By the time they met at an Atlanta business mixer in 2016, Manav Thaker and Sajal Rohatgi had traveled very different paths through life. Thaker, a first-generation Indian-American, had a background in hospitality and had most recently managed a resort on Mexico’s Yucatán Peninsula. Rohatgi had emigrated from India several years earlier, where he had earned a degree in engineering and worked for one of the country’s largest companies, Reliance Communications.
But over beers, the two found common ground in their love of traditional Indian cuisine, and their frustration with how inconvenient it was to buy their favorite products in the U.S.
That meeting eventually led to the two starting Subziwalla, an online grocer that delivers Indian favorites directly to consumers.
The company, which recently completed its first year in business, operates in and around Atlanta. Thaker and Rohatgi, though, envision Subziwalla becoming a nationwide service serving up authentic chapati, rose petal ice cream and mustard oil to America's fast-growing Indian population — a population that has more than doubled over the past twenty years and represents $266 billion in buying power, according to a 2017 report by researchers at the University of Georgia.
Before opening their business, Thaker and Rohatgi surveyed 1,000 local Indian consumers and found that families of three spent between $350 and $400 per month on Indian groceries.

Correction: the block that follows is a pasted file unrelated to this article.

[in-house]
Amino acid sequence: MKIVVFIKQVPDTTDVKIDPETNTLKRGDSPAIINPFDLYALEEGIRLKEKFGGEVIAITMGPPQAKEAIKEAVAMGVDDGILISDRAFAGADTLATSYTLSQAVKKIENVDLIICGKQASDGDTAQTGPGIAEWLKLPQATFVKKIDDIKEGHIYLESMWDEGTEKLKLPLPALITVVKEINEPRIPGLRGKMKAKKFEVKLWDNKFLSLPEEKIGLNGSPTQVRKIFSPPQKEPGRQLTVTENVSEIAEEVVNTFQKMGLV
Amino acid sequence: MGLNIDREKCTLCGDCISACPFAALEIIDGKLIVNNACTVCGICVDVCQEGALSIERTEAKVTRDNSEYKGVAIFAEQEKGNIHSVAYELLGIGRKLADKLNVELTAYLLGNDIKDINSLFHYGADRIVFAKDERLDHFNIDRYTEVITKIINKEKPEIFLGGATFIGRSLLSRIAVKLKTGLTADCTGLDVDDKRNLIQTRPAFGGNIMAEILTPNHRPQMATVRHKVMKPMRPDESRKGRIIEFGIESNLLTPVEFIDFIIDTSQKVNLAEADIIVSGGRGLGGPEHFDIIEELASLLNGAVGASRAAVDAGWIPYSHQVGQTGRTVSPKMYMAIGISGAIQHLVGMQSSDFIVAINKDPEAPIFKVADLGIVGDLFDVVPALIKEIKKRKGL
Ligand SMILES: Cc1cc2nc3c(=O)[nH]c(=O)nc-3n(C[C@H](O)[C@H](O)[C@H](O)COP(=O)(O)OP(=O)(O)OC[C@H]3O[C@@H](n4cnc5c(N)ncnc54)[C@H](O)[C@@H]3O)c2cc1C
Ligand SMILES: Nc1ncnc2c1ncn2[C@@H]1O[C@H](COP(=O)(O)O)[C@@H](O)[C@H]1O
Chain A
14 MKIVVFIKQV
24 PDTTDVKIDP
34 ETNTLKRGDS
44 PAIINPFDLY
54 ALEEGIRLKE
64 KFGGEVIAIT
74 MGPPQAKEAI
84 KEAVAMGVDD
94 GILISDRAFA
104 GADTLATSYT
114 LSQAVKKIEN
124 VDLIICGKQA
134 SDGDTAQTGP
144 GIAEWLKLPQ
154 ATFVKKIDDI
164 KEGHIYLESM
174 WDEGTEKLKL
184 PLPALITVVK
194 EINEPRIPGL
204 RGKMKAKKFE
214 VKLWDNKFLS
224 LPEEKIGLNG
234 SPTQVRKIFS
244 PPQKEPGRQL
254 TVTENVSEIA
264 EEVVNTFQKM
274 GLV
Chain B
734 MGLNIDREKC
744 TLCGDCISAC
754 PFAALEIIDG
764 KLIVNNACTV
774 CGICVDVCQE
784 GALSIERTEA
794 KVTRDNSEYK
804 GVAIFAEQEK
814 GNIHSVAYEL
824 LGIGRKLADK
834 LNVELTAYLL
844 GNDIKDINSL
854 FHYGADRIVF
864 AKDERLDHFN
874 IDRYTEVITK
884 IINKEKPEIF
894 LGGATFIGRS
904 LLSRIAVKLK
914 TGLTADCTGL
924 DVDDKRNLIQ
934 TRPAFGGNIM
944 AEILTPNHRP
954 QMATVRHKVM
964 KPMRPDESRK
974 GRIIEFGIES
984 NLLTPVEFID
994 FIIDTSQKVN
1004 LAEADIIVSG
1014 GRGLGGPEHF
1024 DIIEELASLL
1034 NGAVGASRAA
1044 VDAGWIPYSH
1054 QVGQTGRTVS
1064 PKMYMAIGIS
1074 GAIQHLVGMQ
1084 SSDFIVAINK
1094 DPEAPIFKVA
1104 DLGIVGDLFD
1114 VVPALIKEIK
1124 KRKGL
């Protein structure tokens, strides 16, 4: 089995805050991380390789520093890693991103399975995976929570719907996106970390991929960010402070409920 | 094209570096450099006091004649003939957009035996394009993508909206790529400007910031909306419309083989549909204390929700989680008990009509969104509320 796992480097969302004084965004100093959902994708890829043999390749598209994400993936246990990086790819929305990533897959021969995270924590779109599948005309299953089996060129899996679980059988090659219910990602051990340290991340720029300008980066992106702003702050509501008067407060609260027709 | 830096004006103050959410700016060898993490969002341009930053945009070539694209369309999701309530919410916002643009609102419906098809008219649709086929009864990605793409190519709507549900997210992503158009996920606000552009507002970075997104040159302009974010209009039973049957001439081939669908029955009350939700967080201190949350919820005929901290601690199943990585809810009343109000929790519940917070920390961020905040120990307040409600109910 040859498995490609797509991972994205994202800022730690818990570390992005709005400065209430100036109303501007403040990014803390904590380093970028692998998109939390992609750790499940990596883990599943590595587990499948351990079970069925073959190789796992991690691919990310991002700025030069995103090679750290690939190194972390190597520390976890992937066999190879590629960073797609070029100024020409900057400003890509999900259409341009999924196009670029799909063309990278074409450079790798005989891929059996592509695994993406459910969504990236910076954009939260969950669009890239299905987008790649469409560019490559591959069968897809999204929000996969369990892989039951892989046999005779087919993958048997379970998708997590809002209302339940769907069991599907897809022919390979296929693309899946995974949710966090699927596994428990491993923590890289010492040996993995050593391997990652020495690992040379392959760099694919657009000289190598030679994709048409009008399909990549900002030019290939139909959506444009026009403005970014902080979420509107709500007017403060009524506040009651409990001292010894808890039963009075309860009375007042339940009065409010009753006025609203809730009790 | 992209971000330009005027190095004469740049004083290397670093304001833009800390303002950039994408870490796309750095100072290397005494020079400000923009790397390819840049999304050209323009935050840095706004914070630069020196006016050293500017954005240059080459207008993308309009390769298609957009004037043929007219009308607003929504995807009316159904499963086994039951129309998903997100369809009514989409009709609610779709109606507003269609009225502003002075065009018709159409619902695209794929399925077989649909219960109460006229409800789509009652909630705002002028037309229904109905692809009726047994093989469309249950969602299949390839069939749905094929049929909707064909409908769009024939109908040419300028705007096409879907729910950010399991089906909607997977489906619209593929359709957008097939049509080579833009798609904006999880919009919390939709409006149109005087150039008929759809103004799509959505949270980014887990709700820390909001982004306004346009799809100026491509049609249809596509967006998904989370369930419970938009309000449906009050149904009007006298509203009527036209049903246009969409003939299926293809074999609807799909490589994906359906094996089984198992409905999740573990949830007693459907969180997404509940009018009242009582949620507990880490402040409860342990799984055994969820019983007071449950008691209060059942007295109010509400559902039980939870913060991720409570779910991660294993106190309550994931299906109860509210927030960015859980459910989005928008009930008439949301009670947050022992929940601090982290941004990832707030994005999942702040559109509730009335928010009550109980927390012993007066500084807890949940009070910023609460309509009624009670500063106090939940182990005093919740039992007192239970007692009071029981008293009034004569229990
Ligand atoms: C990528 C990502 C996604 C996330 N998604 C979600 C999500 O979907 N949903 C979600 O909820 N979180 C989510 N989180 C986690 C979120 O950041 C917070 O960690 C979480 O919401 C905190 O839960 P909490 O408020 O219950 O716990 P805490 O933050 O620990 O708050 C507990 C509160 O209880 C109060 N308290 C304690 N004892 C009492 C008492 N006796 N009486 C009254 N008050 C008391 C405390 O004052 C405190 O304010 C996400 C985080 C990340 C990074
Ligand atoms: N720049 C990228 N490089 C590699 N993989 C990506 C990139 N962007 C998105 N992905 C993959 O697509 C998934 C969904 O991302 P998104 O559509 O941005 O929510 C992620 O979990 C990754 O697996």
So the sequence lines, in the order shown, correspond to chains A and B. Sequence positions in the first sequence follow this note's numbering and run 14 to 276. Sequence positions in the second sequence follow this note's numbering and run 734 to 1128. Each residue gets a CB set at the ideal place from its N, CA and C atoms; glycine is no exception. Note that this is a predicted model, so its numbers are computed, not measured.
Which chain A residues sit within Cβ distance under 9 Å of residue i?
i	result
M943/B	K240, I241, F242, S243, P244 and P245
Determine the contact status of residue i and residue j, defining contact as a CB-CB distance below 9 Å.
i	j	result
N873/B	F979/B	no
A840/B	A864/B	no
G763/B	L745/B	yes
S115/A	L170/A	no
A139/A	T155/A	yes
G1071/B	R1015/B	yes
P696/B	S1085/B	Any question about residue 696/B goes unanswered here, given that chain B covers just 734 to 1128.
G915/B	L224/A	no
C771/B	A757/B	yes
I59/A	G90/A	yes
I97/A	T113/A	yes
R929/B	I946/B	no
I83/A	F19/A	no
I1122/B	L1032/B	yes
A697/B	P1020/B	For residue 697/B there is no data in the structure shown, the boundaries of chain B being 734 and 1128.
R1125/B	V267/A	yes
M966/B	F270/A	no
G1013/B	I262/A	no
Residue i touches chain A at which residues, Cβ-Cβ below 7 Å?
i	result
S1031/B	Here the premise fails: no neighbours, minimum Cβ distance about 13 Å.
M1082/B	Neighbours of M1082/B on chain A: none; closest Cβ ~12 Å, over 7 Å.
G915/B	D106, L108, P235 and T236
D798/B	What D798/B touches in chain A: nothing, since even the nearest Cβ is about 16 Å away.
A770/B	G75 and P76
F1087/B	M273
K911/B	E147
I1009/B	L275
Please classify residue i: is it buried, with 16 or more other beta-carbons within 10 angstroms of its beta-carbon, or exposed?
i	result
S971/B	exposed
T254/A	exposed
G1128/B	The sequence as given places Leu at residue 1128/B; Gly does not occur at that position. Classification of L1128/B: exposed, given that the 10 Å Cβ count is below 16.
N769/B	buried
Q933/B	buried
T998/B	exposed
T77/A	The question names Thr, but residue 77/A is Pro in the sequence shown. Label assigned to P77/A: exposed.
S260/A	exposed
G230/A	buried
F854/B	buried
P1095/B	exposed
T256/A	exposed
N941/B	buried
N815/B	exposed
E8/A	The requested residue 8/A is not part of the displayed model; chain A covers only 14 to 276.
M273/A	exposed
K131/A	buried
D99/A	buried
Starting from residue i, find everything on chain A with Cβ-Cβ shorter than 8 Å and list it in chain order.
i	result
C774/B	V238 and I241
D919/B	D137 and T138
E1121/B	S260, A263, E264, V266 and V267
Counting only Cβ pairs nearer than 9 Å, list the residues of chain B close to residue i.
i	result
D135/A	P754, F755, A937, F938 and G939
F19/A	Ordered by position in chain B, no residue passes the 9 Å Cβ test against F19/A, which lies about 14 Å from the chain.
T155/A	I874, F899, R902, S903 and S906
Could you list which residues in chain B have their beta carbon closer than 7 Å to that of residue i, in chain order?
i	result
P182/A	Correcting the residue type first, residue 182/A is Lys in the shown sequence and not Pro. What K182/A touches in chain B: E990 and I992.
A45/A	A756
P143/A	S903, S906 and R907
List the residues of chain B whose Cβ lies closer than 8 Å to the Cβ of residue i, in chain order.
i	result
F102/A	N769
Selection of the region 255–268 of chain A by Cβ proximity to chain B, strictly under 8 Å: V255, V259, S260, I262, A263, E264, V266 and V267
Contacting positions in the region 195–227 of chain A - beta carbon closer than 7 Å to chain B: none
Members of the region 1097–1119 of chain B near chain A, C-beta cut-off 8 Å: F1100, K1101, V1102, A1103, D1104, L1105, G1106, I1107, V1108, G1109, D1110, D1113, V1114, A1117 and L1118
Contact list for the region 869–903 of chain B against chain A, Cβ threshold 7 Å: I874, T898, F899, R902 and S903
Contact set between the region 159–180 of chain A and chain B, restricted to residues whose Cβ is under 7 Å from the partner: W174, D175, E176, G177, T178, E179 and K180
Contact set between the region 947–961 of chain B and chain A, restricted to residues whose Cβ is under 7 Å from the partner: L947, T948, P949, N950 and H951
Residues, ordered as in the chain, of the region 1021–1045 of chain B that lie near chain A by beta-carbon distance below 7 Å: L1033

"They're one of the most affluent demographics in the U.S., and they still don't get proper service in their own stores," Thaker told Grocery Dive.
From ex-pats to second-generation shoppers, Indian-Americans value traditional fare, said Thaker. But Indian grocery stores, many of which are mom-and-pop shops, are often located far away from consumers and don’t offer a particularly compelling shopping experience, he noted.
"When you get into stores, there's no customer service," Thaker said. "You go on a weekend and it's a madhouse. The entire experience is just a few hours long, and at the end of the day you have all these ingredients and you're too tired to cook with them."
Patel Brothers, the largest Indian grocery chain in the U.S., operates 57 stores across the country and has become a favorite destination for many shoppers. In major cities, though, there's typically just one store, meaning the weekly shop requires a long trip for many consumers, Rohatgi said.
Subziwalla's customers range from large families to second-generation college students at local universities like Georgia Tech that are looking for a taste of home cooking. What's surprised Thaker and Rohatgi is how many consumers over 45 are using the service.
Once shoppers find out about Subziwalla, they tend to like it. Sixty-five percent are repeat users, and roughly 25% placed three or more orders over the past year. The site's top 100 users have ordered between $1,500 and $2,000 worth of goods.
"(Indian-Americans) are one of the most affluent demographics in the U.S., and they still don't get proper service in their own stores."
Subziwalla stocks more than 4,000 products and sources through distributors as well as local companies. It offers next-day service through a special arrangement with FedEx. Orders must be at least $40 and include a $4.99 fee and are delivered in reusable temperature-controlled bags the next day by 8 p.m.